Supporters of the tourism industry view the eruption through a different lens. “With any kind of natural disaster, it’s always good to look for the silver linings,” said Ilihia Gionson, a spokesman for the Hawaii Tourism Authority. “Volcanic eruptions provide a reason for folks to come visit, whether that’s from afar or just from another island.”
Still, Mr. Gionson, who is Native Hawaiian and from the Big Island, noted that the tourism authority was pivoting away from an effort to attract ever more visitors and instead beginning to promote more sustainable forms of tourism. That shift, he said, involves educating visitors about what behaviors are not acceptable.
“One of the foundational ones is that an invitation should be made to explore a space,” Mr. Gionson said. “And if there isn’t an apparent invitation, you shouldn’t go there.”
For those just seeking a glimpse of the eruption, the tensions can be hard to grasp.
“This is a gift, being able to see this with my children,” said Javier Durán, 41, an immigrant from the Mexican state of Nayarit who works for a landscaping company on the Big Island. Sitting in his Dodge pickup with his son and daughter, he added, “This is something for them to remember the rest of their lives.”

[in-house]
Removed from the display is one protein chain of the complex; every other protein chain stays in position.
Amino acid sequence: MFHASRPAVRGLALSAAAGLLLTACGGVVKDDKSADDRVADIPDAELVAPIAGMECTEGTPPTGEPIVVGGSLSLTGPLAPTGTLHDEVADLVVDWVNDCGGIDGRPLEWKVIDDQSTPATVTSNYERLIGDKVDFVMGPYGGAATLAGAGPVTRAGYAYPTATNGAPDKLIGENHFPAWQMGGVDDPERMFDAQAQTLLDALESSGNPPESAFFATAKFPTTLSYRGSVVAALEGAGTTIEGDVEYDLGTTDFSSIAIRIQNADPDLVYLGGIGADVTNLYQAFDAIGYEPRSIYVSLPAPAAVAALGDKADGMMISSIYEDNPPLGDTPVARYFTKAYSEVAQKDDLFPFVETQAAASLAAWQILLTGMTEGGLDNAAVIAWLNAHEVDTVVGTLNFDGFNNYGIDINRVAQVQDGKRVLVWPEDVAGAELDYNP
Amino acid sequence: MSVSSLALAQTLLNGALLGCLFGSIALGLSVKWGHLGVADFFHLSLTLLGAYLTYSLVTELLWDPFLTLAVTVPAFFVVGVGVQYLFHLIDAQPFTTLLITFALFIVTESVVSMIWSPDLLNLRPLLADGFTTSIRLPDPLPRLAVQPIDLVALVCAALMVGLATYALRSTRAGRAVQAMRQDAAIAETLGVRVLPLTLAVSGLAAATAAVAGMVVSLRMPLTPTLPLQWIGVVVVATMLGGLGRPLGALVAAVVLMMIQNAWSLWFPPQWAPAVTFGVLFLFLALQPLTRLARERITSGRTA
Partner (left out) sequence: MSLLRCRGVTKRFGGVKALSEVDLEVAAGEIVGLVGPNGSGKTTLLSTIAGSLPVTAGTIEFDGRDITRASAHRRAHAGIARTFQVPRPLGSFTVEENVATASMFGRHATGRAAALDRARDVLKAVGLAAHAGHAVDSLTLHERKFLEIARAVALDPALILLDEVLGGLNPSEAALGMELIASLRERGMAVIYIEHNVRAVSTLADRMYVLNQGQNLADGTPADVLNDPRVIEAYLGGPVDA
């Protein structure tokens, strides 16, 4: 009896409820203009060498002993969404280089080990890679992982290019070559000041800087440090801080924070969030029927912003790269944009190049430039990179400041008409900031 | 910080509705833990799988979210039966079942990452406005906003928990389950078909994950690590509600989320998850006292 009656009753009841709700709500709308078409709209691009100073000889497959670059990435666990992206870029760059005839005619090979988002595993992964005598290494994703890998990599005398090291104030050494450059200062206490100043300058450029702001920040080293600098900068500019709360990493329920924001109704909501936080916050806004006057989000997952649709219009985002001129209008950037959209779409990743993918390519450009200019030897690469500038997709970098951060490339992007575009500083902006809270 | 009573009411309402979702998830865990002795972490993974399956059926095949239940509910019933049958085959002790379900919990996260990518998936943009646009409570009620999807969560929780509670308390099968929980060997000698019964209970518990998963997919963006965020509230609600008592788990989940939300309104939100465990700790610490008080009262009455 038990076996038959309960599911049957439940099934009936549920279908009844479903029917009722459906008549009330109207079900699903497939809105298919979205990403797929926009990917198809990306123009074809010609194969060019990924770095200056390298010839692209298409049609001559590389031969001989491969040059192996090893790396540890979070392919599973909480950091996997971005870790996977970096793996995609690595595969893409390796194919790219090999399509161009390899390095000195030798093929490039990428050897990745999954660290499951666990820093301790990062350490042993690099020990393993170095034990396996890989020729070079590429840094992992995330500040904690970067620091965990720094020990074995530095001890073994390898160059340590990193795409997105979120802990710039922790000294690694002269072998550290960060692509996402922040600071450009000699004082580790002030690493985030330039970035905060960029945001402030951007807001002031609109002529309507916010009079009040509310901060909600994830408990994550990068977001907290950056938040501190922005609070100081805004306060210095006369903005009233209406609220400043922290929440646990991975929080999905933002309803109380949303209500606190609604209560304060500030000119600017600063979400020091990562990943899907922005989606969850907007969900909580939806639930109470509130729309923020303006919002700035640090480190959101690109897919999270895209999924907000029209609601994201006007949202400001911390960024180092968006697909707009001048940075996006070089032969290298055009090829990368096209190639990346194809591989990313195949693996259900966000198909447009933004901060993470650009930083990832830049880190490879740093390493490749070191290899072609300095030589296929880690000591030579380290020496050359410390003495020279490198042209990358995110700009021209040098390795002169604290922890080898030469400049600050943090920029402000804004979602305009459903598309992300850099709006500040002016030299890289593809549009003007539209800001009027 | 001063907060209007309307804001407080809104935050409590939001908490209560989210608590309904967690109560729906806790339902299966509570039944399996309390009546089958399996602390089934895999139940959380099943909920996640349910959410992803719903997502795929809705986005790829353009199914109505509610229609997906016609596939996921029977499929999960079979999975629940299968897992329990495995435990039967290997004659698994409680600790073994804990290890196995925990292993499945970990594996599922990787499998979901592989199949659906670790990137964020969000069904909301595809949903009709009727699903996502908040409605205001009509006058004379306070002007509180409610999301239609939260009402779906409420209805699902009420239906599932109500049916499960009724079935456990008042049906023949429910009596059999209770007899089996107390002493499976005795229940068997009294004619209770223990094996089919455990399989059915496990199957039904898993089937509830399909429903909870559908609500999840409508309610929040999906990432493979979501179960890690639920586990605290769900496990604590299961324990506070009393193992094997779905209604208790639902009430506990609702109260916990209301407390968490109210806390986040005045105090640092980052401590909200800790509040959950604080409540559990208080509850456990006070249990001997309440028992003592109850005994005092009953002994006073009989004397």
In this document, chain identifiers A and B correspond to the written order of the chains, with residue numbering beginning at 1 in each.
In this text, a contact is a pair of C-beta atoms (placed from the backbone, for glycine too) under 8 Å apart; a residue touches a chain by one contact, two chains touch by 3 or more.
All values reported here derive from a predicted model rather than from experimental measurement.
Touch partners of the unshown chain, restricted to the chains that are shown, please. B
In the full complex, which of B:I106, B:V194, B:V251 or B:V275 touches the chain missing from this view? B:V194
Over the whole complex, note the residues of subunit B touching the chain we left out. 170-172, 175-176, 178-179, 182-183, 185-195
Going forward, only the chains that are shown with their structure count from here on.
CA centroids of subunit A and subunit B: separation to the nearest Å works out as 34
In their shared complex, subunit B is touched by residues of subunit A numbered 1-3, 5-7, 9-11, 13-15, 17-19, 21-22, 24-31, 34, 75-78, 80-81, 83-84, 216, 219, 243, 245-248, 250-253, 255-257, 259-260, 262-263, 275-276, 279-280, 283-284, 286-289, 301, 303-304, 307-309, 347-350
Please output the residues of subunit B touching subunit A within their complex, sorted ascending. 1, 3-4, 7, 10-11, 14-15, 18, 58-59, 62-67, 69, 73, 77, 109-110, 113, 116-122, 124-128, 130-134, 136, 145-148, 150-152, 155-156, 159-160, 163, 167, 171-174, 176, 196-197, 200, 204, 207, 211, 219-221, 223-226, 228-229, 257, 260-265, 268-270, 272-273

Sharde Freitas, a lawyer and hula practitioner who visited the viewing site with her five children, said it would be fine with her if the lava overran parts of the Army training area, which sprawls over 133,000 acres — roughly the size of Guam — and has emerged as a target of ire for activists, who view it as a desecration of lands seized by the U.S. government in the 1890s.
“That would show a higher power taking over,” said Ms. Freitas, 36. “This place, like our lands statewide and across the Pacific even, should not serve as target practice,” she added, referring to sites around the Pacific that have been blasted with napalm, nuclear bombs and other weapons.
Others gathered at the viewing site expressed different concerns, eying the possibility that the eruption could cut through the island’s main highway.
“Our only Costco is on the other side of the island,” said Brad Simone, 60, a home builder who moved from California three decades ago. “That sounds like a minor thing elsewhere,” he added, “but it’s big deal on this island.”